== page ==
a review by Rich Horton
Here is a true Old Bestseller, despite being to some extent a children's book: Penrod was #7 on the Publishers' Weekly list of bestselling novels of 1914. Booth Tarkington was a very successful writer, and showed up on that list a lot. He had the bestselling novel overall in 1915 (The Turmoil) and 1916 (Seventeen), and he also was in the top ten in 1902 (The Two Vanrevels), 1922 (Gentle Julia), 1924 (The Midlander), 1927 (The Plutocrat), 1928 (Claire Ambler), and 1932 (Mary's Neck). Curiously, his most famous novel (besides perhaps Penrod), Pulitzer Prize winner The Magnificent Ambersons (1918), did not make the list, and neither did his other Pulitzer Prize winner, Alice Adams (1921), though doubtless both sold well enough.
Booth Tarkington (1869-1946) was born in Indianapolis, and was a lifelong partisan of Indiana (his first novel was called The Gentleman from Indiana). He was named after a Governor of California (Newton Booth). He attended both Purdue and Princeton (where he became friends with Woodrow Wilson). He served one term in the Indiana House. He was a truly major author in his time, but his reputation has, it seems to me, diminished a great deal. He is now mostly remembered for The Magnificent Ambersons (and that in great part because of the famously botched Welles film) and for Penrod, and both of those books are much less read now than they once were.
|(drawing by Gordon Grant, photograph of Wendell Berry as Penrod)|
I said above that Penrod is to some extent a childrens' book, and that is true -- to an extent. But it is definitely a book that appeals to adults -- or did at the time when adults saw nostalgic echoes of their own childhoods in Penrod's. When I was young, my mother recommended Penrod to me -- it was one of those books boys were thought likely to like -- but though I remember getting it out of the library, I didn't read it.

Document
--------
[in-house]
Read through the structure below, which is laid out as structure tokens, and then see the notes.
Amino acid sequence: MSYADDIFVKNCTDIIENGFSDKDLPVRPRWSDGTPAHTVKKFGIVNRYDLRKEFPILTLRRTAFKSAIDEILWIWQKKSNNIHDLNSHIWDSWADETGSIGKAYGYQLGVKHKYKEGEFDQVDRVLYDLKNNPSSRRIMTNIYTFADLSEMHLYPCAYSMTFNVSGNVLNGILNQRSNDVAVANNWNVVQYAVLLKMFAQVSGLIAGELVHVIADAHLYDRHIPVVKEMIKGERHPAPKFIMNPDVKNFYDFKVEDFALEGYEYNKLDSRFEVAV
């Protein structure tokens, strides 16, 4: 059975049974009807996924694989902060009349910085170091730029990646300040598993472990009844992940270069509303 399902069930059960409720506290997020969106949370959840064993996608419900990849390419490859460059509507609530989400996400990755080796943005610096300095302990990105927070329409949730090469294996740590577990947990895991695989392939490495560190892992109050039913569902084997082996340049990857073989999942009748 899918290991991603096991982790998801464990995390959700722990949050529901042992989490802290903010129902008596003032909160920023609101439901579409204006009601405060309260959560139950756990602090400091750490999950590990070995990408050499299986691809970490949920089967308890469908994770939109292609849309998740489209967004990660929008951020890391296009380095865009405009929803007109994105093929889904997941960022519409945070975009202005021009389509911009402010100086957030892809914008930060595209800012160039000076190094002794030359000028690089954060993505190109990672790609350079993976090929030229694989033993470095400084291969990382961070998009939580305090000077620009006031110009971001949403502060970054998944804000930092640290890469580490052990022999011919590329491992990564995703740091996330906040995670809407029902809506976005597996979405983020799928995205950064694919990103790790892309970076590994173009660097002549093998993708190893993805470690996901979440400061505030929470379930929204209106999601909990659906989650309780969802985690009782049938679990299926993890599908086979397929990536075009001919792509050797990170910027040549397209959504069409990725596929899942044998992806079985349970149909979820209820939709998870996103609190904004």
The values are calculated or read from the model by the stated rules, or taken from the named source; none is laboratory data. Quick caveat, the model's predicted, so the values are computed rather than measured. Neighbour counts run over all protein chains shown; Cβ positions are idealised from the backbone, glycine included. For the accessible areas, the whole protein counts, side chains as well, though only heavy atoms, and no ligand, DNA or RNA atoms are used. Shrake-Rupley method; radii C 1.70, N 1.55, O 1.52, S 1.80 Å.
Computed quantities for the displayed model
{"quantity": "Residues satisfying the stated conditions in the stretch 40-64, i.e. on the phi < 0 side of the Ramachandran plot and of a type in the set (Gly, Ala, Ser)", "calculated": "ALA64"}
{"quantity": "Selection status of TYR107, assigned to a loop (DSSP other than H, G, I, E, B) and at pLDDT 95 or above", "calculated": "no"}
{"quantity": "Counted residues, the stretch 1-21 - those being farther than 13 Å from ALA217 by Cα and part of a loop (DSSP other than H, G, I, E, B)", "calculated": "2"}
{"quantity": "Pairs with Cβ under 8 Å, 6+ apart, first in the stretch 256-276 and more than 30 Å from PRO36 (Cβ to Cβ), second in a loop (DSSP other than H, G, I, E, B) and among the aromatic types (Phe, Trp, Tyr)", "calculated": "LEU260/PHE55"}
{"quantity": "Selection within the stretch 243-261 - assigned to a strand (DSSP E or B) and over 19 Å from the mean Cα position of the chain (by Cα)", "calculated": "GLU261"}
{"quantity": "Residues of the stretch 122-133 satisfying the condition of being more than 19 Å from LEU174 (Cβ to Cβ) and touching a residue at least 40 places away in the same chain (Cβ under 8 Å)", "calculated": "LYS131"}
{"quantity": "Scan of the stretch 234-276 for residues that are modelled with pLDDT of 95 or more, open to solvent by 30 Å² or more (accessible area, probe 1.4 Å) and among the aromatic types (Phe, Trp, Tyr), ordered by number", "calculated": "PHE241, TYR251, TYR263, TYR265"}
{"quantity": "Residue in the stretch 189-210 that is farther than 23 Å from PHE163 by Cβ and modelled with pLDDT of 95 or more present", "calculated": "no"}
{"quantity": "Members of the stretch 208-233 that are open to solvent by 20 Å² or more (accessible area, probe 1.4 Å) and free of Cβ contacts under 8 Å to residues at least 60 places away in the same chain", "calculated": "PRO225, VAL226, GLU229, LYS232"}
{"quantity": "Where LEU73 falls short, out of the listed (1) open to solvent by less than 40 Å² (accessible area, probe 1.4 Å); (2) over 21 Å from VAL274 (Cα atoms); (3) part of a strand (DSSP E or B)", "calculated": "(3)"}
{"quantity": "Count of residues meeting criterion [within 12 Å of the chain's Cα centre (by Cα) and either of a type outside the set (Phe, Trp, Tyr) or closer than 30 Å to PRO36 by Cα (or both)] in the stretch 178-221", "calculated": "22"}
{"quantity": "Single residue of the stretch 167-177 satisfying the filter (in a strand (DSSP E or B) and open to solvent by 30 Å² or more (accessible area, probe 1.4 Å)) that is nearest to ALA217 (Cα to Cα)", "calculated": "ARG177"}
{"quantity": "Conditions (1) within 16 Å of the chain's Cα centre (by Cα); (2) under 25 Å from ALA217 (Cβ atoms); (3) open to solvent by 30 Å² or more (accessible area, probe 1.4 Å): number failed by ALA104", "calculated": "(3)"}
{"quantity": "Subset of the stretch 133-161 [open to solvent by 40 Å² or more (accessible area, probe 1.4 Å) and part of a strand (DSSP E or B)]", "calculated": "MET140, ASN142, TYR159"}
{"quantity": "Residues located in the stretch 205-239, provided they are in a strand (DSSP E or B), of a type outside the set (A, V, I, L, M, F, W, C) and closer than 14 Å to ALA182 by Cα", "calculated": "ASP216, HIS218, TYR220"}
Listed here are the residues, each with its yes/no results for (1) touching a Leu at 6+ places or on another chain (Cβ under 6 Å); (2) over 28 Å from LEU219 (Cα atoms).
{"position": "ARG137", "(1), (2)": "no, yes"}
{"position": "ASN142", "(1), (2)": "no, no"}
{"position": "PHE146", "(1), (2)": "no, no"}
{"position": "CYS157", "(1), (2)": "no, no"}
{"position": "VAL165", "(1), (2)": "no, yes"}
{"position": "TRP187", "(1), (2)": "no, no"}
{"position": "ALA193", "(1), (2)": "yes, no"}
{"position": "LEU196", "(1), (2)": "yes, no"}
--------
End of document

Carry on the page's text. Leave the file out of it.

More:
Penrod is a very episodic book, depicting a number of comic adventures of Penrod Schofield, "The Worst Boy in Town" (presumably the Town is Indianapolis). Much -- perhaps all -- of the book originally appeared as separate stories, or sketches, in Cosmopolitan (and perhaps elsewhere). Penrod is 11 throughout most of the book, turning 12 at the end. The other major characters are his family, especially his older sister Margaret (whose love life is much disrupted by her younger brother), his best friend Sam, his two black friends Herman and Verman, his "bow" Marjorie Jones, and a few other schoolmates. And of course his dog Duke.
The incidents depicted include Penrod's agonized and disastrous role as Childe Lancelot in "The Pageant of the Table Round"; Penrod assuming that his Aunt is visiting because she is fleeing Uncle John, whom he presumes to have fallen victim to drink; Penrod and Sam putting on a show featuring numerous attractions including Herman and Verman as Tattooed Wild Men, and (much more funnily) rich boy Roderick Magsworth Bitts, Jr., as the ONLY LIVING NEPHEW oF RENA MAGSWORTH THE FAMOS MUDERESS; Penrod getting Marjorie's younger brother terribly sick; Penrod skipping the dance; Penrod deciding to become a bully; Penrod reacting to the new minister in town, a terrible bore who seems interested in Margaret; Penrod's 12th birthday; and many more.
A lot of this -- most of it -- is really very funny. Penrod is not really terribly intelligent (and he truly is a bad student), but he does have an active imagination. (And he likes to spread paint and tar quite liberally!) Bores and phonies tend to get their due. Penrod himself gets his due, some of the time -- and at other times, such as after his embarrassment of the Bitts family, he unexpectedly gets a reward. So -- I enjoyed it, and I can easily see why it was such a big success. (There were two sequels, Penrod and Sam (1916) and Penrod Jabsher (1929).)
But -- what about the elephant in the room? Which is to say -- racism. And let's face it, the depiction of Herman and Verman, Penrod's friends, is undoubtedly condescending, steretypical, and racist. For all that, Herman and Verman come off as basically good kids, and Penrod really does treat them as friends. Worse, I think, are Tarkington's authorial comments -- his declarations about the true nature and abilities of black people -- are really offensive. I have little doubt that these observations were more or less consistent with fairly mainstream views at that time. But that doesn't excuse them, and certainly it is easy to understand why many people might prefer not to read a book like Penrod any more -- or especially not to have their children read it.